Africa

Niger's junta wants presidents with degrees

Niger's ex-President Mamadou Tandja
Image caption Mr Tandja, now in his 70s, was ousted in February by the military

Niger's military rulers have suggested that only those with a university degree should be allowed to run in presidential elections.

Candidates would also have to be under 70 years old.

The reforms have been proposed by the Consultative Council, set up by the military after it overthrew ex-President Mamadou Tandja in February.

Opposition groups have criticised the proposal, saying it excludes much of the population which is illiterate.

"This is pure discrimination because only 20% of Niger's people know how to read and write in French," said former MP Sabo Saidu.

The council said making it obligatory for presidential candidates to have a university degree would help bring Niger into the world of international business and aid development in one of the poorest countries on the planet.

"Changes always have their advantages and set backs. But in this specific case, Niger must endeavour to draft progress," the council's spokesman Colonel Ibrahim Yacoub told the BBC.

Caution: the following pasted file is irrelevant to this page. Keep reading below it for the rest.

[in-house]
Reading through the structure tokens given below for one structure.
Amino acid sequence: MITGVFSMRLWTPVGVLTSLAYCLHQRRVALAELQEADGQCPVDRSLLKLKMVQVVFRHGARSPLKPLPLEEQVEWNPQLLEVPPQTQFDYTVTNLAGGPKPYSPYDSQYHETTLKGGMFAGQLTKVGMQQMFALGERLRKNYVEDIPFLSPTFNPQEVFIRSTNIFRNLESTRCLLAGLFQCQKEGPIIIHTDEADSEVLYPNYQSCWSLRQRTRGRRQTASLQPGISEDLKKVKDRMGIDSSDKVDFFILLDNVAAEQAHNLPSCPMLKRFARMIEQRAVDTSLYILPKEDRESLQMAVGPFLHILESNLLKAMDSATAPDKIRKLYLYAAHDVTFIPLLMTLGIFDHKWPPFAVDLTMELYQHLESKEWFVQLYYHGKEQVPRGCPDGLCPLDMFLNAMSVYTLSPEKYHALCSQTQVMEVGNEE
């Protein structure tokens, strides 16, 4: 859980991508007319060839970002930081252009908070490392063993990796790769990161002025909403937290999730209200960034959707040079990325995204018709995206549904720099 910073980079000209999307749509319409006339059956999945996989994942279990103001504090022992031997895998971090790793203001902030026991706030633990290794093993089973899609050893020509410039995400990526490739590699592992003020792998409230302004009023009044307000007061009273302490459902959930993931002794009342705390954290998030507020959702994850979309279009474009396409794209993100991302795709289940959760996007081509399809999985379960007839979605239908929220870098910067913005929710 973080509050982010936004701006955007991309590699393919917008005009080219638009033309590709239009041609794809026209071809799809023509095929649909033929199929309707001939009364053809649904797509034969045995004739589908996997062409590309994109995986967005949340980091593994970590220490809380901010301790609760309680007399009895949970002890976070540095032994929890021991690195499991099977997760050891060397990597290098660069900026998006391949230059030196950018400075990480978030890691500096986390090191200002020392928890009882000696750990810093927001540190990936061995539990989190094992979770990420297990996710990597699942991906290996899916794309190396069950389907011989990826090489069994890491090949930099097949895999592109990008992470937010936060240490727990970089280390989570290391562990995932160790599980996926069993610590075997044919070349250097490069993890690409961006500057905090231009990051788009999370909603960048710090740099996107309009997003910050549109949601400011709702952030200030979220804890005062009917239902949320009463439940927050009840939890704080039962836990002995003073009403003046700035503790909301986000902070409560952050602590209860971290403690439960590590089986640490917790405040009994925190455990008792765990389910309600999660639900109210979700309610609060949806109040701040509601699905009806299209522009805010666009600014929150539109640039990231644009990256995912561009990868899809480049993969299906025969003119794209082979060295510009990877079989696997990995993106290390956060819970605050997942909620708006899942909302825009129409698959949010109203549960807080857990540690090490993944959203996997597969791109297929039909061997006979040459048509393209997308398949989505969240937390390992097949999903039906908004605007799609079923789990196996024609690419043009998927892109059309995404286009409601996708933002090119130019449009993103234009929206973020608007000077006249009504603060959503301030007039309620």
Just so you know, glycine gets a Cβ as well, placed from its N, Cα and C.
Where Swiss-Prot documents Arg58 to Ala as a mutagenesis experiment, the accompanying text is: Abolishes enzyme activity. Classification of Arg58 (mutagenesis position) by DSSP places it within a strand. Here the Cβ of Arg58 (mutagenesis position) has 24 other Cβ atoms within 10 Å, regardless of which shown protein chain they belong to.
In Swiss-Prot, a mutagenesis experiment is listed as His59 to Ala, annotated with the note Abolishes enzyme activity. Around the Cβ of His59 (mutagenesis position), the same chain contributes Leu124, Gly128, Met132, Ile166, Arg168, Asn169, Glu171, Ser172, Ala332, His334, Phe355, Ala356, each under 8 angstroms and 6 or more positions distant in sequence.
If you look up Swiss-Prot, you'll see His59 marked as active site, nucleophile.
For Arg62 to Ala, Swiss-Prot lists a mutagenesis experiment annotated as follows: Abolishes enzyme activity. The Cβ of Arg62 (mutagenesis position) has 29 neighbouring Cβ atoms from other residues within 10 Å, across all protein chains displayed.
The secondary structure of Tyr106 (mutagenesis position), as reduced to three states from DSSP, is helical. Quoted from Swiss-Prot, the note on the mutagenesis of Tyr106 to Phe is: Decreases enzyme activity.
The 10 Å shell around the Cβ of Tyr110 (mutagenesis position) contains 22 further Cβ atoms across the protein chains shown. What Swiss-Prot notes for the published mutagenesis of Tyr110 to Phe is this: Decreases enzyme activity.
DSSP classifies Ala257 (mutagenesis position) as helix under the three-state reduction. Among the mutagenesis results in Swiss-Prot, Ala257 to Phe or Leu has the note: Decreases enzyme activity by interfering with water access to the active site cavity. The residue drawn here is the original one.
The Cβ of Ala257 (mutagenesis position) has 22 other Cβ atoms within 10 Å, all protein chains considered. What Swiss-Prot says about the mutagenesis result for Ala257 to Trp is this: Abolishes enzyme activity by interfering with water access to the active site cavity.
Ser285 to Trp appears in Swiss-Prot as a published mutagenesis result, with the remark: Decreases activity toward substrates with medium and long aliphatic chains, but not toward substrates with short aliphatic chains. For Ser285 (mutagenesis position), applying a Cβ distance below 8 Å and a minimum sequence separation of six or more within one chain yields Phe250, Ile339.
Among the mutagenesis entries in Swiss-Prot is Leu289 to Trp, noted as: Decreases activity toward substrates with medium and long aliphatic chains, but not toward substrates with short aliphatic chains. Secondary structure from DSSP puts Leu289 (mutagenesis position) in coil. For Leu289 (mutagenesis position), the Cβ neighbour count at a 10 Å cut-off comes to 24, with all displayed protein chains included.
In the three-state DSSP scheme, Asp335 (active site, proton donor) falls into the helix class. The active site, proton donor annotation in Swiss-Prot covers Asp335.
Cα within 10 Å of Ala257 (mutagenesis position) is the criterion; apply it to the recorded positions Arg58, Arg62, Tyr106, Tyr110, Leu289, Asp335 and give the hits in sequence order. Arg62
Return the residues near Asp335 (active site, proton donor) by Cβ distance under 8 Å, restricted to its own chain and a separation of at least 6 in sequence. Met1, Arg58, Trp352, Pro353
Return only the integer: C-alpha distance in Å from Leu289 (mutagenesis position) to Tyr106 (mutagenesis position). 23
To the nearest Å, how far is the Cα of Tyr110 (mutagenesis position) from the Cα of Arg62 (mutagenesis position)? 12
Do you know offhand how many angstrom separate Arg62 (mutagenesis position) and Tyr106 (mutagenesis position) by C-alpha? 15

Other proposed changes include making it compulsory for parliamentary candidates to have some level of secondary education.

Although the reforms have yet to become law, correspondents say there is little chance that they will be blocked as there is no parliament to oppose them.

The junta has promised to revert to civilian rule before the first anniversary of its takeover and stipulated that military personnel are not allowed to stand for election.

Mr Tandja, a former army officer in his early 70s, was first elected in 1999 and was returned to power in an election in 2004.

He came under increasing criticism both at home and abroad after changing the constitution to allow him to stay in power for a third term.

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